In June 1933, eight young women, who are close friends and members of the upper-class group at South Tower College, graduate and start their adult lives. The film documents the years ... See full summary »
In a Scandinavian country, national security chief Colonel Tahlvik is tasked to rescue the passengers of a high-jacked British airliner while the British Ambassador is being held hostage at his residence by another terrorist team.
A thief (Duke Anderson) just released from ten years in jail, takes up with his old girlfriend (Ingrid) in her posh apartment. He makes plans to rob the entire building. What he doesn't know is that his every move is recorded on audio and video tape, although he is not the subject of any surveillance.Written by
Zeke M. Towson <email@example.com>
Sean Connery plays a jail bird who's let out and decides to pull another heist with the help of a team of experienced crooks; little does he know the cops are monitoring everything.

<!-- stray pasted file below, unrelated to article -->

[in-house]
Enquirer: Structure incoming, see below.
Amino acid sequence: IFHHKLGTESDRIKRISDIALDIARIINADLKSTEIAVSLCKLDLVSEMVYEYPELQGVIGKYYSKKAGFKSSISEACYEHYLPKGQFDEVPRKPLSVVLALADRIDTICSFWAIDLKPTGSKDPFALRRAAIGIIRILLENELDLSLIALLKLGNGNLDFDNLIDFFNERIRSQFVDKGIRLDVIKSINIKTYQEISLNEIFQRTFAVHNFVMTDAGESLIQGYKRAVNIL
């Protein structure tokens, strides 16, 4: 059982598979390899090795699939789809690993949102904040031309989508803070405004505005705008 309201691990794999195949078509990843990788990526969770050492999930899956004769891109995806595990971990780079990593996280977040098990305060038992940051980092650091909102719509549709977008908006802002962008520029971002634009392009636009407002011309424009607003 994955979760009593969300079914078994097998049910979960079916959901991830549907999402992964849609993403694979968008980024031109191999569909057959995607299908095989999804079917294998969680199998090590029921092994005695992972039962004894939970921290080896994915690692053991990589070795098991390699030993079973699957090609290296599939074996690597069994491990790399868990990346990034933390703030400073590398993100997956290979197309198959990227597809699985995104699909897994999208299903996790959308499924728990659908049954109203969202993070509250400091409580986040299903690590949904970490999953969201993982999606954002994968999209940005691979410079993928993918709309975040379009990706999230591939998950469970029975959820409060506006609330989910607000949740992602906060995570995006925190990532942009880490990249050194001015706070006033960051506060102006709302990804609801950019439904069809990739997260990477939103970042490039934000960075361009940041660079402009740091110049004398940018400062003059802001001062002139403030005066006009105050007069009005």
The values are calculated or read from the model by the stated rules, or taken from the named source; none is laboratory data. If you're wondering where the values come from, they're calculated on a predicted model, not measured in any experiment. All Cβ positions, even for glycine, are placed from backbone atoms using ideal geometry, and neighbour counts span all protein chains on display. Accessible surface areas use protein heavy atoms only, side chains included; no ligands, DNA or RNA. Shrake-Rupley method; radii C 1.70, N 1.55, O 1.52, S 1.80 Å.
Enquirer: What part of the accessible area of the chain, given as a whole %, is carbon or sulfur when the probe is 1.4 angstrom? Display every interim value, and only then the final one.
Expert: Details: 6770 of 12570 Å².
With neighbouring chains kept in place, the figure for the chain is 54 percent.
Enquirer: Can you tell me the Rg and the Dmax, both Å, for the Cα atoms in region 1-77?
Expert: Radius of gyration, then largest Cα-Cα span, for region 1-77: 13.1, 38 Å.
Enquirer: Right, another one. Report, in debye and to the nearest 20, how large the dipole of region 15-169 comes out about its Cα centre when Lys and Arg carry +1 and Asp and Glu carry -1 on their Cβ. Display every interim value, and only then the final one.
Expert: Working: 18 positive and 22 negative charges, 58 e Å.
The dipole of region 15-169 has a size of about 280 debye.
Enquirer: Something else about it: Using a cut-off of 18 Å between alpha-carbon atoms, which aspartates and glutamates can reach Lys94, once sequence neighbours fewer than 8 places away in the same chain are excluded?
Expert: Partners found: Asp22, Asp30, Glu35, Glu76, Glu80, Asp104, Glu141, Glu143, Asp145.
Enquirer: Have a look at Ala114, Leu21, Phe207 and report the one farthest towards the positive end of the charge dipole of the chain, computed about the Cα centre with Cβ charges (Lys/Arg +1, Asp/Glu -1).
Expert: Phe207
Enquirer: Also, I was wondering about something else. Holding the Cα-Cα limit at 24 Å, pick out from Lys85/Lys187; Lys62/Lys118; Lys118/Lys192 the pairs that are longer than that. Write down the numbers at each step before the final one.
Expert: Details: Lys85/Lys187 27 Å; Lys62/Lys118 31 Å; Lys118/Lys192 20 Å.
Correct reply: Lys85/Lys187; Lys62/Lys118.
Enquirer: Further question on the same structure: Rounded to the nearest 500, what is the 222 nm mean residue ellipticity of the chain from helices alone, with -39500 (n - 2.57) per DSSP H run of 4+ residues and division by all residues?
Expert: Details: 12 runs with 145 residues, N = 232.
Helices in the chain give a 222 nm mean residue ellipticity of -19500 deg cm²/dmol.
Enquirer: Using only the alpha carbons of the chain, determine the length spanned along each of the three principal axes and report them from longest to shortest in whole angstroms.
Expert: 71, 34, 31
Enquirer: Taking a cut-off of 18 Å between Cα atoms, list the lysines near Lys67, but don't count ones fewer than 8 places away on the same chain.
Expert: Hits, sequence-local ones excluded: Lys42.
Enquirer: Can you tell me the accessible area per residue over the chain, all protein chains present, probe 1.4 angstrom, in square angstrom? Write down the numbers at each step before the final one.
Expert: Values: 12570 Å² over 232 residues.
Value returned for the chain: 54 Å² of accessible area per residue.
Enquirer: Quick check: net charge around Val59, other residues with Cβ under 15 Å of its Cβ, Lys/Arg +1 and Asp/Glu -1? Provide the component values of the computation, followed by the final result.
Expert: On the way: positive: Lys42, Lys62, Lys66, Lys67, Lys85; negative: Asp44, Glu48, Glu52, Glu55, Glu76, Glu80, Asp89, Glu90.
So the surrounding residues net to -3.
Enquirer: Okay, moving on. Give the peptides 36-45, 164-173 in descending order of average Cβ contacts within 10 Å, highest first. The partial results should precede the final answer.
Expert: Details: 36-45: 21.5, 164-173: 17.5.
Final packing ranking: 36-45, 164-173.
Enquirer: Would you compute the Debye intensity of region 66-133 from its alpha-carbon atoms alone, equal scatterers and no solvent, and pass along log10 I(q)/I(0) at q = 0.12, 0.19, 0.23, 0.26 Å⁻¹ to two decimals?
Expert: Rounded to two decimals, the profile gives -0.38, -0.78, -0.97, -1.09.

What's so unique about this film by Sidney Lumet, in superb form as director, is that heist films rarely mount the tension by showing us the cops' side -- here it's like a ticking time bomb, we're just waiting for Connery and his crew to be arrested and we know that they don't know that the cops know (err...) and the result is pretty tense.
No fault found in the acting: Connery and a very young Christopher Walken (in his film debut) are great, particularly Walken who shows extensive range very early on. After seeing this I was reminded of his recent role in the "Stepford Wives" remake and had to wonder why he's resorting to such trash, because he's just as talented (almost, anyway) as De Niro and Pacino and the difference is he wasted a lot of this during the '80s and '90s by taking on small bits in horrible films. I mean, in 2003 he starred in KANGAROO JACK. C'mon!
Overall THE ANDERSON TAPES is a tense and unique crime thriller that, although very "70s-ish" is entertaining, if a bit outdated in terms of technology. I'm sure it will be remade some day, there's a lot of potential, however I doubt it'll ever come close to the original.
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